COVINGTON, Ga. — Mort Ewing was most remembered recently for the pre-digital age item he used to take notes — yellow legal pads.
Current and former employers recalled he left piles of them wherever he worked, such as the farm he managed at the Burge Plantation Club in Mansfield, or his second career at Jones, Ewing, Dobbs & Tamplin (JEDT) insurance agency in Covington where he has worked since 1999.
A pack of the legal pads were among the not-so-serious gifts he received last week during a party at the Covington Lions Club building celebrating the 82-year-old Ewing’s retirement from the JEDT agency.
Guests included owners and employees of the multi-office agency, including such prominent names as former longtime state legislator Denny Dobbs and District 1 County Commissioner Stan Edwards, who will succeed Ewing at JEDT.
Doug Ewing, president of the agency and a second cousin to the honoree, led the event that included Mort Ewing receiving a variety of serious gifts.
One gift was a painting that alluded to his ownership of T.M. Ewing Farm, which continues his lineage as a sixth-generation farmer in Newton County.
Edwards recalled his longtime friendship with Mort Ewing, beginning with baling hay as a 16-year-old on Ewing’s farm.
“He nurtured me … took me into the agency,” said Edwards, who has served as the agency’s Covington office manager after a career with AT&T.
Outside the agency, though, Mort Ewing has been a major force in the state’s agricultural industry and local and state political arena — using his influence to bring to life major public works projects throughout Newton County.
He is a longtime leader in the Newton County Farm Bureau; served as state president and chief executive officer of the Georgia Farm Bureau; and served as vice president of the American Farm Bureau Federation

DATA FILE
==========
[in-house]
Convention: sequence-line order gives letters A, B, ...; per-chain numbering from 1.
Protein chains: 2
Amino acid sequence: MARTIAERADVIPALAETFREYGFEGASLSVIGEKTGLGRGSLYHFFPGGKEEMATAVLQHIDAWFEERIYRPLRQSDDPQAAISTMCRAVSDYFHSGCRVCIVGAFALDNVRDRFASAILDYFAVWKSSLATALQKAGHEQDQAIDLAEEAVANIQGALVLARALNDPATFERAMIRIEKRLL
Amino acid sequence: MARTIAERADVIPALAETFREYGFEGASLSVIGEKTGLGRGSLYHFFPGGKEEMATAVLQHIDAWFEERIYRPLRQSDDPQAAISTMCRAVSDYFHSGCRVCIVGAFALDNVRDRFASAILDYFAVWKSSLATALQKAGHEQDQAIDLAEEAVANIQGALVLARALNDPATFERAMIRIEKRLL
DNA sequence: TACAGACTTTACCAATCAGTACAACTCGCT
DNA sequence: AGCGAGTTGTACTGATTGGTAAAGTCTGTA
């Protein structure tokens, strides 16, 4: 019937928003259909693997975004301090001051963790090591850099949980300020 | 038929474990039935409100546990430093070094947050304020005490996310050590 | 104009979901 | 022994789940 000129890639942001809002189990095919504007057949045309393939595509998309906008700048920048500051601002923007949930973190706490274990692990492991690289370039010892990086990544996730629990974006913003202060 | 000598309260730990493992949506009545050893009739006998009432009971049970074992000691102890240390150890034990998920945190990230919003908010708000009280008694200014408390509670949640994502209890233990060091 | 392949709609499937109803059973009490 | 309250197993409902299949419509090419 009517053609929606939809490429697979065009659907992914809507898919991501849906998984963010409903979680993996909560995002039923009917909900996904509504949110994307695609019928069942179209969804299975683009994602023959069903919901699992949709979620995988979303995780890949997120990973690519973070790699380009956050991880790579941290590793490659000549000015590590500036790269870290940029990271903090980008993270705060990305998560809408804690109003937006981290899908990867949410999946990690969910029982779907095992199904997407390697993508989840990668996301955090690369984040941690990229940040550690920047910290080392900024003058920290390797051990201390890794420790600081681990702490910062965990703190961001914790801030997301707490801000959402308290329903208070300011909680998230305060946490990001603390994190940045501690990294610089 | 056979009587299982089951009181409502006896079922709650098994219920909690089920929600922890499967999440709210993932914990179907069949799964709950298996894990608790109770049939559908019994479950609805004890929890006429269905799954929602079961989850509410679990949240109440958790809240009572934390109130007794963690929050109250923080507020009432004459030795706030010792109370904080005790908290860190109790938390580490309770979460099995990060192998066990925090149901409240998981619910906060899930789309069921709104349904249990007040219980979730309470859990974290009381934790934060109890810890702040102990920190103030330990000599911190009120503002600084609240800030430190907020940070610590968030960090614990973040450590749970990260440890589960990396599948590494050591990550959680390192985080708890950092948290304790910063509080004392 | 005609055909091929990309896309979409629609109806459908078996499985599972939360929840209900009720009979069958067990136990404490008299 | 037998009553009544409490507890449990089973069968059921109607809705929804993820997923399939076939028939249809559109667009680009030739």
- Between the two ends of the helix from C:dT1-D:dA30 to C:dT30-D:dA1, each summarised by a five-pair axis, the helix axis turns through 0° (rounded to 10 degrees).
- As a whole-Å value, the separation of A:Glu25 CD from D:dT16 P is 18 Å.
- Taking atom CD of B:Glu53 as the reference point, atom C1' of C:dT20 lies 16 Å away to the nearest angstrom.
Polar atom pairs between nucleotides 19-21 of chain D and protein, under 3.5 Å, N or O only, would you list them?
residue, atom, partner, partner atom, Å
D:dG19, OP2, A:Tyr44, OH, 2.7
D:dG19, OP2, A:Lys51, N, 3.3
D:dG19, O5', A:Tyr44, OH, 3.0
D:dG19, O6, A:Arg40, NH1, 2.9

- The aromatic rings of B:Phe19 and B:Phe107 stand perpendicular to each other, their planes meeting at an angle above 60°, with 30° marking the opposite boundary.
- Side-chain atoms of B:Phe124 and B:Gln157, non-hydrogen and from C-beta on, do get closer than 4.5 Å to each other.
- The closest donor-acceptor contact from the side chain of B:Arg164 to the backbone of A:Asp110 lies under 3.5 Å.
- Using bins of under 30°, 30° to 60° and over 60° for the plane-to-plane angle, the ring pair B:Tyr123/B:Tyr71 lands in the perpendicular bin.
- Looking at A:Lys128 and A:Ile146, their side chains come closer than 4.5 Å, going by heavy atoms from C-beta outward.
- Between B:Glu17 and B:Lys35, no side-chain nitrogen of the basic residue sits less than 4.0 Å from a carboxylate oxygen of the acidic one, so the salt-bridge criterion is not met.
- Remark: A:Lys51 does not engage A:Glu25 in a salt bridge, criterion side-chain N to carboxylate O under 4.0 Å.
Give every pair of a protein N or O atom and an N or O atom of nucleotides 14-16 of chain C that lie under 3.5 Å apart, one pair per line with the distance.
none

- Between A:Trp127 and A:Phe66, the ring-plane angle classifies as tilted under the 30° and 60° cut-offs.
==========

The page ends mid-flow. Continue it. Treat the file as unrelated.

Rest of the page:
He was instrumental in planning and obtaining funding for the Newton County Agricultural Center at the state FFA-FCCLA Center in Covington. It was dedicated in 2019 in his name.
Ewing won election to three terms on the Newton County Commission and worked behind the scenes in political campaigns for all levels of government.
He said he was among a group of five politically active residents who were looking for a candidate for the vacant District 1 commission seat in 2000. The other four decided Ewing should run, he said.
“My goal was to do the best I could for Newton County,” he said.
He said his proudest achievement was convincing then-County Chairman Aaron Varner to include funding from a Special Purpose Local Option Sales Tax for renovation of the Historic Courthouse.
Ewing recalled the building being padlocked, the floors covered with garbage and calls for its destruction when he told Varner of the need for its renovation.
“He said, ‘If you think you can make a silk purse out of this sow’s ear, go ahead,’” Ewing said.
“I took it upon myself to generate support” he said.
The county included $4.3 million from the 2000 SPLOST for the project.
He noted Varner reminded him of the “silk purse” comment during the 2004 dedication of the renovation.
Ewing plans to retire but stay active in working on his 250-acre farm, which has produced beef cattle, hay, timber and more.
He said he also wants to spend more time with his wife of 60 years, Faye, and his sons Ben and John